Jim Butcher sums it up nicely. “Everything you did in your book leads up to this. Deliver on the climax or die as a writer. Simple as that.” So essentially, no pressure.
Climaxes of a story are the natural conclusion, the culmination of all the work a writer has done up to this point. The story question gives the novel a compass bearing of which direction it’s heading. We’ve packed all the characters that are emotionally invested in answering it into our van like a circus clown car. We’ve kept adding layers of conflict between the protagonist and antagonist, their encounters being rocket fuel for our journey, and now we’re cratering forward at breakneck speeds. It’s all led up to this one moment. So how do we plot it?
First off, we take a thorough inventory of what pieces we have to work with. What characters have we developed over the last 70,000 words? When will their true intentions be revealed? What could we build from all the events our protagonist has survived? What skills does he/she now have that could come in use? The reason why the writer is so ruthless with which Acts, Subplots, and characters make it into the final cut is because we plan to use them all now. We don’t want any dead weight. We want the leanest, tightest story possible.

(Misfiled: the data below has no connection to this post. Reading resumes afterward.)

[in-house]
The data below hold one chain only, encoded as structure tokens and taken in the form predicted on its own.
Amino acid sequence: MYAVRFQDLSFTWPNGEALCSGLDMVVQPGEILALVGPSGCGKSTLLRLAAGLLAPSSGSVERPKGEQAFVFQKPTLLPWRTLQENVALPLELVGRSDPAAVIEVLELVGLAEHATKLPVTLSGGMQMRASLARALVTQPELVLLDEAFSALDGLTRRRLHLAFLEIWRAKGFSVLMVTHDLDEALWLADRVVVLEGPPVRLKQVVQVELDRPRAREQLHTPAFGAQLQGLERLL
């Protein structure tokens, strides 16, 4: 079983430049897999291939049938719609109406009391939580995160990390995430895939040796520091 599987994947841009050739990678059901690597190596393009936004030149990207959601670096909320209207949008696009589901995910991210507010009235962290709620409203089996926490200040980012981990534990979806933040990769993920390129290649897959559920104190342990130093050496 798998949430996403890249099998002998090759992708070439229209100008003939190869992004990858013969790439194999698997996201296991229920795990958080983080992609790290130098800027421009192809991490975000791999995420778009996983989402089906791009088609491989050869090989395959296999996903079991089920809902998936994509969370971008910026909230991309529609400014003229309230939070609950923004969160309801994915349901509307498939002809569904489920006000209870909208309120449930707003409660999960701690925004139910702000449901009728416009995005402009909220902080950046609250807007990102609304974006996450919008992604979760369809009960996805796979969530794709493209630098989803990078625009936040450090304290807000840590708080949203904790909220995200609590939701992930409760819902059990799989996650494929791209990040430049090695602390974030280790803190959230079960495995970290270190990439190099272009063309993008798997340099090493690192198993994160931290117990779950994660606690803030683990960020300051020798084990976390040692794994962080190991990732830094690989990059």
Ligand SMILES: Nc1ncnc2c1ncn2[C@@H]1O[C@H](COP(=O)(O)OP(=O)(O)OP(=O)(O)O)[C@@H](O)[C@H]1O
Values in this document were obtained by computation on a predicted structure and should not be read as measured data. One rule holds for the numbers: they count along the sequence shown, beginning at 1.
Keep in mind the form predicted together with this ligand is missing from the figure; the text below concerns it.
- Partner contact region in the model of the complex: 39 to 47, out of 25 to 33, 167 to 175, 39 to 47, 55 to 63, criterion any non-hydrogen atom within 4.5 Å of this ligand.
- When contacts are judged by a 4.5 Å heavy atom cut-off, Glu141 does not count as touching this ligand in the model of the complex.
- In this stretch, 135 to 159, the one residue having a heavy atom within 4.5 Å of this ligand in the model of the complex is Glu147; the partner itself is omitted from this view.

Then we take the Rule of Ten and we double down on it. We come up with a solid twenty possible climaxes, judging each by a very specific set of criteria: Isolation, Confrontation, Dark Moment, Choice, Dramatic Reversal.
Isolation refers to the concept that at the climax’s most crucial moment, the protagonist must be alone in his story. For sure, other characters may be all over the climax, helping build or alleviate tension, but our story, our conflict, has always been about the fight between the protagonist and his adversary.
Naturally from this isolation comes the ultimate confrontation with his/her antagonist. We’ve spent the entire story promising our audience one of them will reach their goal, and there is no greater way to leverage that anticipation than by watching them duke it out.
Next, comes the dark moment. Things do not go well for the protagonist. They can feel everything they’ve striven for about to be snatched from their grasp. This moment resonates deeply with the audience because we’ve built empathy for the character.
Surrounded by the shadows of doubt and impending failure, one slim hope remains, one choice. There’s a chance, a very slim one, that the protagonist can succeed, but it’s not an easy choice. In fact, it will be the most difficult, the most counter-intuitive choice the protagonist can make. It all comes down to this.
And then comes the dramatic reversal. The very choice the protagonist never would have wanted to make at the beginning of the story turns out to be exactly what was needed to succeed. He reaches or fails to reach his goal, but the story question is answered. We’ve delivered the goods.